The Arc Mid-South’s mission is to empower people with intellectual and developmental disabilities to achieve their full potential.
It’s a simple mission statement that’s accomplished through a variety of ways to support the individuals as well as their parents and caregivers. The Arc Mid-South’s family support services include personal assistance, in-home respite care, elder care, summer camps and respite weekend retreats. Its career development and job placement services include vocational evaluation, job training, GED test preparation, adult literacy and Life, Education, Training, Skills (L.E.T.S.) Program. And its advocacy services include parent/caregiver support groups; information and referral programs; community services, training and education; and the My Voice! My Choice Support Group for Self-Advocates.
The Arc’s mission started in 1950 when a group of parents and other individuals came together to create positive change for those people with intellectual and developmental disabilities. School special education didn’t exist for what was then called mental retardation. Those parents often were told to send their children to institutions. That group of concerned parents didn’t like that option. They wanted their children to lead fulfilling lives. Today, The Arc has 700 chapters across the U.S., including the Mid-South.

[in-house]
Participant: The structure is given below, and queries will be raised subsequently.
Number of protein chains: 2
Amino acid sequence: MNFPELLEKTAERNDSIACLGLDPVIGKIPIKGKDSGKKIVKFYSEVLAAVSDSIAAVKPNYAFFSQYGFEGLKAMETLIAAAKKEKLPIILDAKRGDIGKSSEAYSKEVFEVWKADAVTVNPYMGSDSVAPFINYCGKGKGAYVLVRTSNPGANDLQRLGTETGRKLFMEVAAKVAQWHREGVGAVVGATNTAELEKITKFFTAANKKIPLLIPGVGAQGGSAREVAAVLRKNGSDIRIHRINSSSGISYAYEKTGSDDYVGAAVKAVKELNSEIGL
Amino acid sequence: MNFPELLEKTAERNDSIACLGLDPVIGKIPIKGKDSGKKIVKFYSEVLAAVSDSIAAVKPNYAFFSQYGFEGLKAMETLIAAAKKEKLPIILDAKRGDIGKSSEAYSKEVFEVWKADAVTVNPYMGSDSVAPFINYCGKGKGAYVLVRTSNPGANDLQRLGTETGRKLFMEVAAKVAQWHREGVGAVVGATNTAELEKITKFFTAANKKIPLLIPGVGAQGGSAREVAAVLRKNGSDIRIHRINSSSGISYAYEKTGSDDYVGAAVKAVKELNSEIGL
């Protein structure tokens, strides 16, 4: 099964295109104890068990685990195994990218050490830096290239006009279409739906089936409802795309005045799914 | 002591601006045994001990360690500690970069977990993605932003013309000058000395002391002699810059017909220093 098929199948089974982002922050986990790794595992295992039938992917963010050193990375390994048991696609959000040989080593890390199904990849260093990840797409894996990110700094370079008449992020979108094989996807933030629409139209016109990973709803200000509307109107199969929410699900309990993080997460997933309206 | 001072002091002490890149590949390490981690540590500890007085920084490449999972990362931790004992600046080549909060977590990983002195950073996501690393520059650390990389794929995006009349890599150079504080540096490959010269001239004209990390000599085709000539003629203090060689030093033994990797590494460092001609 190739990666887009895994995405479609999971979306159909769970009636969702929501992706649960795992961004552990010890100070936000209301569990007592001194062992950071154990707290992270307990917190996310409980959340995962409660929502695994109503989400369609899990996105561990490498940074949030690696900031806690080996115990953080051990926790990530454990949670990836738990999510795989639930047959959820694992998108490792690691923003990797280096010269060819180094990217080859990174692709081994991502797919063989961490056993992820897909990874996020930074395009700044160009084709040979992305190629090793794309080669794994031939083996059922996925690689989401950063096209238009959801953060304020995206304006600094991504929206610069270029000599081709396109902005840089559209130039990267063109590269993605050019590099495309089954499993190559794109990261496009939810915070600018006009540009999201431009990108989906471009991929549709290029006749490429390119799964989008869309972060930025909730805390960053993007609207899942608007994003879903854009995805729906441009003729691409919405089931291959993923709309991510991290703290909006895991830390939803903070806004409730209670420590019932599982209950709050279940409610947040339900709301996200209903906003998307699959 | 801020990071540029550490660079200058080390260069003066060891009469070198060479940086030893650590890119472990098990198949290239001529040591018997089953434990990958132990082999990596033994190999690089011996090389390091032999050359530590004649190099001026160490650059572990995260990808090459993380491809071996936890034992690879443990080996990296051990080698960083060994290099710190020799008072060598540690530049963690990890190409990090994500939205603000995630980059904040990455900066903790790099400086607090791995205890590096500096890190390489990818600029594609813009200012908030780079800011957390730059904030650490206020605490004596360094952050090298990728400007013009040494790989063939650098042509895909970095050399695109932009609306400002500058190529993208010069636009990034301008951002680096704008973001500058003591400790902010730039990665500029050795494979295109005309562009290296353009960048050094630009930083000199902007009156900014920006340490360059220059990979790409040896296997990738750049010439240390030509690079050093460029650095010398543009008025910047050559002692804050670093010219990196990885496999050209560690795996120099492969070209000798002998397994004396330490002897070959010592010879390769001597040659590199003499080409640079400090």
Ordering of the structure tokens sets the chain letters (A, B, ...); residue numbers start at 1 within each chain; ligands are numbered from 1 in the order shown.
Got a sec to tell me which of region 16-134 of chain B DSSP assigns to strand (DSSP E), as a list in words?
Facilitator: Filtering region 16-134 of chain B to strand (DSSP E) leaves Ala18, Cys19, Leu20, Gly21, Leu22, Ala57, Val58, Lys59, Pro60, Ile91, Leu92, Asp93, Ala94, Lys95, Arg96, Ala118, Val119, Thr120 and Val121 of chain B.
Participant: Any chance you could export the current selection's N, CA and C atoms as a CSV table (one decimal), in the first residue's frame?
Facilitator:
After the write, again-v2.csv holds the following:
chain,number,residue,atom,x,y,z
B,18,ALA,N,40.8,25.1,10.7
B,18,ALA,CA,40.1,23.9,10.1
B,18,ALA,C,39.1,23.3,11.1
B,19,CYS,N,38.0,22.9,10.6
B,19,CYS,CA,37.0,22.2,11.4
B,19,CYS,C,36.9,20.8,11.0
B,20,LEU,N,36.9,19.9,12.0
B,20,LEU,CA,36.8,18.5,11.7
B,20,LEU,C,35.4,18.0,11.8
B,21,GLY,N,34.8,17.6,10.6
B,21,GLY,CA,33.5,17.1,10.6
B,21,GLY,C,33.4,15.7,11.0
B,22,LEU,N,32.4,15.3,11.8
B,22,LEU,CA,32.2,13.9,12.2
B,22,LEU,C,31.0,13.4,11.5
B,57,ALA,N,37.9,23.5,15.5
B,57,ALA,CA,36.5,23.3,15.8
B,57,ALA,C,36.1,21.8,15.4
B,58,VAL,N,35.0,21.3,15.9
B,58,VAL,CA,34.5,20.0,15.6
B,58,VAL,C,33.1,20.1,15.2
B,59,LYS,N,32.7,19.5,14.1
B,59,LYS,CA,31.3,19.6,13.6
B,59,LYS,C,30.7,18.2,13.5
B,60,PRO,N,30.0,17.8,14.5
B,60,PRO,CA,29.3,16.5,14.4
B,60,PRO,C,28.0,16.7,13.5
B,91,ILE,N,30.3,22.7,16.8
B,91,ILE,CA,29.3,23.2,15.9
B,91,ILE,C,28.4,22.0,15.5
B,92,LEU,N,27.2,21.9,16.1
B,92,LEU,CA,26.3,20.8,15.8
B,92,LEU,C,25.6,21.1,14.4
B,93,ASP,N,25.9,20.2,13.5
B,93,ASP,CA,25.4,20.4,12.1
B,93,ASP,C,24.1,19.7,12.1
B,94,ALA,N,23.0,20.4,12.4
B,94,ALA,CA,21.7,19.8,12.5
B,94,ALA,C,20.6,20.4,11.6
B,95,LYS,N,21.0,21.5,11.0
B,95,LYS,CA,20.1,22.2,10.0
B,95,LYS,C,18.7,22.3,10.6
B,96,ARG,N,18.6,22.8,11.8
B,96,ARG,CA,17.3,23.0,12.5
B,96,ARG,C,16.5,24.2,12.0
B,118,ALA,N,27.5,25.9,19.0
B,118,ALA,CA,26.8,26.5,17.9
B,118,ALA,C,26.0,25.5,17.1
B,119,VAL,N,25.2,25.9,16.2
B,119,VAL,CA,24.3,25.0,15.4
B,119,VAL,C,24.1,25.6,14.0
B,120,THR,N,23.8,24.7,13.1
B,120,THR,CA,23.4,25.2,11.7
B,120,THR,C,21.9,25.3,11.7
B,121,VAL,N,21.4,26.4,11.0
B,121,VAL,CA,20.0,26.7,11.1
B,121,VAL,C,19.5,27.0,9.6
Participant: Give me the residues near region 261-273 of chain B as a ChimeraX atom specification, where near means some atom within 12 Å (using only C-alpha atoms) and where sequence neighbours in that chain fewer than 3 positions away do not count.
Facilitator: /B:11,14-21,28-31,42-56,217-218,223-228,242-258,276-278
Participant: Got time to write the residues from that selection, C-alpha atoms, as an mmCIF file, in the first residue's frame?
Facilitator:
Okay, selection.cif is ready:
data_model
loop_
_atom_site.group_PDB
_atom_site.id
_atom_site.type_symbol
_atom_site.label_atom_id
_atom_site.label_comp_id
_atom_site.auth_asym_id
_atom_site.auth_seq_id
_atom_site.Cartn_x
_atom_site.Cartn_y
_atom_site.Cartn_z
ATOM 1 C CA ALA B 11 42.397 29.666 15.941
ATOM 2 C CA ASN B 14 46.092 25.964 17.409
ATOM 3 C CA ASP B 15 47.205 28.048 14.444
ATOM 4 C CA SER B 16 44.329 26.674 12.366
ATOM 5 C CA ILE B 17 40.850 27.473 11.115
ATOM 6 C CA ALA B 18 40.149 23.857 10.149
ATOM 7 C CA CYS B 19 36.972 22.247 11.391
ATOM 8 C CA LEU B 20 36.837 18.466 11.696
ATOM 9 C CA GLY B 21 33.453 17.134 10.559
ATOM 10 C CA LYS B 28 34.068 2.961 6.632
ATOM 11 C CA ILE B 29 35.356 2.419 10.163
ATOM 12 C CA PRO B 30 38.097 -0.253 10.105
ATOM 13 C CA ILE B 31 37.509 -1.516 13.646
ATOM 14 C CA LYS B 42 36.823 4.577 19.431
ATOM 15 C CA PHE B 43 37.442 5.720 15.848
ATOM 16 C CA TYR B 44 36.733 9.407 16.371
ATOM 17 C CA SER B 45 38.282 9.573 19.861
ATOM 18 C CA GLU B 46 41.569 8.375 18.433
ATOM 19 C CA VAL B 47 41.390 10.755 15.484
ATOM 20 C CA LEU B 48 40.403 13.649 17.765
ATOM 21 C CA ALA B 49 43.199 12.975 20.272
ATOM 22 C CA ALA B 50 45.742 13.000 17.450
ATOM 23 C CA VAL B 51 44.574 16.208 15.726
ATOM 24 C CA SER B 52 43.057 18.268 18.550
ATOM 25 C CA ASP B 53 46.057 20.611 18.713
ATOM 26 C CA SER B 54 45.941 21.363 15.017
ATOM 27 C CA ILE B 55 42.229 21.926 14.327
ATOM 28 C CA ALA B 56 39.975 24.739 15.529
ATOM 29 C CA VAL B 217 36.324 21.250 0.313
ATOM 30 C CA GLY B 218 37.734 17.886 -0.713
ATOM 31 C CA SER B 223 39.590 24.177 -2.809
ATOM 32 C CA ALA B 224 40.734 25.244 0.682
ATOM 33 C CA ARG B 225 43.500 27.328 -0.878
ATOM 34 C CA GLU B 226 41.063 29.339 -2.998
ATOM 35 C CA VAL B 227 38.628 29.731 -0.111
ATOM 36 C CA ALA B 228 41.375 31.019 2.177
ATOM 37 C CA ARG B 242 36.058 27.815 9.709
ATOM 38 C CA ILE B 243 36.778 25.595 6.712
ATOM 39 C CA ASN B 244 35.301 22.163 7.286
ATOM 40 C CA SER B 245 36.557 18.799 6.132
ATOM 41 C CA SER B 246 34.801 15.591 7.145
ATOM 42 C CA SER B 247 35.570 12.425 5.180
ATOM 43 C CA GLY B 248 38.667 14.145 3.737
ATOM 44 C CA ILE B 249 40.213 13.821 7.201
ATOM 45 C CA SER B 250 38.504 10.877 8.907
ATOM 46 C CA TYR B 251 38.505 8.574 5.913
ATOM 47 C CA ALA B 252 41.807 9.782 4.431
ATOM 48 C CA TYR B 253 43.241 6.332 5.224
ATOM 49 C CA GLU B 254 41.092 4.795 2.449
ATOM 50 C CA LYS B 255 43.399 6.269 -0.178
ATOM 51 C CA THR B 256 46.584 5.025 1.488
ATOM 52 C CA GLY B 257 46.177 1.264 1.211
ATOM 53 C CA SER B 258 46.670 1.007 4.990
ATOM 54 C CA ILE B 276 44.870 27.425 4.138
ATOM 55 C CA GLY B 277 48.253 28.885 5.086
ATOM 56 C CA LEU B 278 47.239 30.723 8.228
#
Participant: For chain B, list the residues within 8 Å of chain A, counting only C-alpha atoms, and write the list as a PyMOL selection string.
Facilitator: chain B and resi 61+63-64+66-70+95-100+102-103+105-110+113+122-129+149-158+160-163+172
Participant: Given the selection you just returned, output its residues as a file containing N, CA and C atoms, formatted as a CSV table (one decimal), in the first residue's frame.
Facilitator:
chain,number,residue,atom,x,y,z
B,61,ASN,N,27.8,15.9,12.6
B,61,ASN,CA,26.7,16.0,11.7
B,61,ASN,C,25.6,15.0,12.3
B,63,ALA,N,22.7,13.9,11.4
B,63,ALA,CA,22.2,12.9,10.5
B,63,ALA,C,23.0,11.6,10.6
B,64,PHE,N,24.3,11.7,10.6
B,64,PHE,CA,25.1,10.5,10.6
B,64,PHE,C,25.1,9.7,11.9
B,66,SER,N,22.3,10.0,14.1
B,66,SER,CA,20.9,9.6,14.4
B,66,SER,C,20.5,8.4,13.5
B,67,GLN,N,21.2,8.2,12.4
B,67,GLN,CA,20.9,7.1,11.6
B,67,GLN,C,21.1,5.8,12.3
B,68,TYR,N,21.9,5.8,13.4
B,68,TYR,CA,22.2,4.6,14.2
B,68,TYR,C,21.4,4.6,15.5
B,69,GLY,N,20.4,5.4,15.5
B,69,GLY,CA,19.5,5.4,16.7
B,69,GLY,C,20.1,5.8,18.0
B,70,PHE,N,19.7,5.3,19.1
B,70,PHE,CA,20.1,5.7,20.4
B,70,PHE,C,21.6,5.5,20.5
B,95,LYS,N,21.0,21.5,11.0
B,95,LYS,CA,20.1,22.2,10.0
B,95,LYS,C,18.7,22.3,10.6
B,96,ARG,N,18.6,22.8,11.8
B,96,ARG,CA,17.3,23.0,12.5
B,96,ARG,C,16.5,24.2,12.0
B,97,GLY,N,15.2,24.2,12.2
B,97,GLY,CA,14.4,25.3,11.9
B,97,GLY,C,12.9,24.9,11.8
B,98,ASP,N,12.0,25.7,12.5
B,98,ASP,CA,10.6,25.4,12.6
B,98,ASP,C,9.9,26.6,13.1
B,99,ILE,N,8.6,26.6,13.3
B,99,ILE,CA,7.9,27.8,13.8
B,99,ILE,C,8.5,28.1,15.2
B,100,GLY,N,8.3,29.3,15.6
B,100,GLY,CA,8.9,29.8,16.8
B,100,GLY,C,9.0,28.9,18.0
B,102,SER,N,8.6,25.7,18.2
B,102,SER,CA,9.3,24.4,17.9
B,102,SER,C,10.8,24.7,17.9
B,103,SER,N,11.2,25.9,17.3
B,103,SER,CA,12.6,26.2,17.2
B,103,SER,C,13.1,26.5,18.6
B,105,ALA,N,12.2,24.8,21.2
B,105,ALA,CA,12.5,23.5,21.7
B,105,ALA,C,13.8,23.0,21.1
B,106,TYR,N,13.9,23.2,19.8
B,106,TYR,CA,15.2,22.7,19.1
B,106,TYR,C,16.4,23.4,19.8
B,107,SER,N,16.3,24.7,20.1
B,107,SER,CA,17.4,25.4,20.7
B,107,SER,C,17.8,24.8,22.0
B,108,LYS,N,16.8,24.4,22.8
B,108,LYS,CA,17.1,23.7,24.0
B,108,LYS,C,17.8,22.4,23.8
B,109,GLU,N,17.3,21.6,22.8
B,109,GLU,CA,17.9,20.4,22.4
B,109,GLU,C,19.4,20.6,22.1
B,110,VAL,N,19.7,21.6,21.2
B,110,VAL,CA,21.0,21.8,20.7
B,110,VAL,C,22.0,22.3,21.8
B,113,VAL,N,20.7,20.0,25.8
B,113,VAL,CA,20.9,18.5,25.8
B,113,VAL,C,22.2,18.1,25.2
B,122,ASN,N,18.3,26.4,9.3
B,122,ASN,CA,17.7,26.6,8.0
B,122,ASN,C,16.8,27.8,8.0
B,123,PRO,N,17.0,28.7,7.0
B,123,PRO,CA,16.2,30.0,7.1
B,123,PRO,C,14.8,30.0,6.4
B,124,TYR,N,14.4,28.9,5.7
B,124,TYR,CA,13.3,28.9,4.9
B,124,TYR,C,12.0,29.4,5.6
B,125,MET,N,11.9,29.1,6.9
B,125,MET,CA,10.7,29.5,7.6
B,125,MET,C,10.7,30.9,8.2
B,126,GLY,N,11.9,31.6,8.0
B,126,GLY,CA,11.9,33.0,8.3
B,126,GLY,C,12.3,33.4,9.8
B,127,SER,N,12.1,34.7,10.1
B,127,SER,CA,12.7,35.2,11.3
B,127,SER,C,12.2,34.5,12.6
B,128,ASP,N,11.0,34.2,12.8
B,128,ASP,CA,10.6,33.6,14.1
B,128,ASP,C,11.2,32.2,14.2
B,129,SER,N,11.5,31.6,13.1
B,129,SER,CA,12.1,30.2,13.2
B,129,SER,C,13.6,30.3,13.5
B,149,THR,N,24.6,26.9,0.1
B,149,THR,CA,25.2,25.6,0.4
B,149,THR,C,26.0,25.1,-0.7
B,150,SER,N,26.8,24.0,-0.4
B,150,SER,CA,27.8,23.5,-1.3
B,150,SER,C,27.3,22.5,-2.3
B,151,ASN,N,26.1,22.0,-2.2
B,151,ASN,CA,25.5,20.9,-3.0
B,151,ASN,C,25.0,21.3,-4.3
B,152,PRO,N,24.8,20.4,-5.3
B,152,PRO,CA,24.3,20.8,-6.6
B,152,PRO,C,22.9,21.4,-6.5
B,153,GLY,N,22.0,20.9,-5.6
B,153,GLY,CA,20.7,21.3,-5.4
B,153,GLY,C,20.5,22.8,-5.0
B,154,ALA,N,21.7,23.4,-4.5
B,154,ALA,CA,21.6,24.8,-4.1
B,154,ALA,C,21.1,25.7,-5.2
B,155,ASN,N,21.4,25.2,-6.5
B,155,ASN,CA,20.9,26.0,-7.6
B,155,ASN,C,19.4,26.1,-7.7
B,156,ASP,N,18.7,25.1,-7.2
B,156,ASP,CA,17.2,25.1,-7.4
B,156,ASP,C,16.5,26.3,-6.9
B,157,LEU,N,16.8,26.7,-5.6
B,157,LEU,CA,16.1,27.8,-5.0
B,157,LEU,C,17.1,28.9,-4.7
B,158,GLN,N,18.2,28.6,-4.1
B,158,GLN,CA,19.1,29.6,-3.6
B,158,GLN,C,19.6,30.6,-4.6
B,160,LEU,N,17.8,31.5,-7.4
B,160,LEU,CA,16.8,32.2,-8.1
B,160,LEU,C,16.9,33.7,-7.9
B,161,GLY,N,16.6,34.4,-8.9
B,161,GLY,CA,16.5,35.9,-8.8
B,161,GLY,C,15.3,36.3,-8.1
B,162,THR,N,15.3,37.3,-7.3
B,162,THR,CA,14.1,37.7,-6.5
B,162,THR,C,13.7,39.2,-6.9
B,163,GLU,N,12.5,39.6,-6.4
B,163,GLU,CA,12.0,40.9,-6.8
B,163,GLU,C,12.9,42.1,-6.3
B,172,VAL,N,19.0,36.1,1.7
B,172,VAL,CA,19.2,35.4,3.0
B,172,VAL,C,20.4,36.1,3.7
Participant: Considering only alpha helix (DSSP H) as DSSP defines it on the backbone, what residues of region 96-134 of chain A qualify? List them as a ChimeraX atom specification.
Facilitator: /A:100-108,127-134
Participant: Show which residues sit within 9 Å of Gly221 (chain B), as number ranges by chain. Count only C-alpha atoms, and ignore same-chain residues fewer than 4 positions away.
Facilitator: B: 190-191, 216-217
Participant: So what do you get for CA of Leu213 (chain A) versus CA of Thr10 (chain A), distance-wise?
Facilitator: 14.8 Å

“Our mission is to empower individuals with disabilities,” said Sandra Hawkins, a community advocate with The Arc Mid-South and a parent of a 27-year-old boy with cerebral palsy. “We’re trying to assist them to live their lives to the fullest so they can access the community. We want to make them aware that they can be their own advocate.”
Hawkins got involved as an advocate because she experienced many of the struggles when trying to find the best resources for doctors, education and simple things such as purchasing diapers.
“There are barriers after barriers you go through from the time they’re born to the time they leave school,” she said. “Once they leave school the support isn’t there so you have to do that research all over again. The Arc Mid-South has helped me identify things. It’s great to have another parent who knows what they’re going through and who has walked in their shoes.”
Various programs ensure parents are educated on a variety of support services available. Many parents, for example, aren’t aware students with disabilities can attend school. They can graduate with a high school diploma if they complete everything other students do, or earn a certificate of attendance. To take that certificate of attendance a step further, The Arc helps the students earn a diploma or pass the GED.
The Arc Mid-South also helps individuals experience everyday life that their peer classmates might do such as attending dances. If their sister has a boyfriend there’s no reason they can’t, too.
“We empower them to speak up and talk for themselves,” Hawkins said, adding that The Arc Mid-South works with policy makers to ensure their voices and concerns are heard.
Events throughout the year provide the community an opportunity to give back to The Arc Mid-South’s mission, such as this month’s wheelchair basketball event that pits the Memphis Rollin’ Grizzlies against corporate teams. And the International Tea on May 19 features global entertainment, fashions and food. For more information about these events, ways to donate or to volunteer, visit thearcmidsouth.org.
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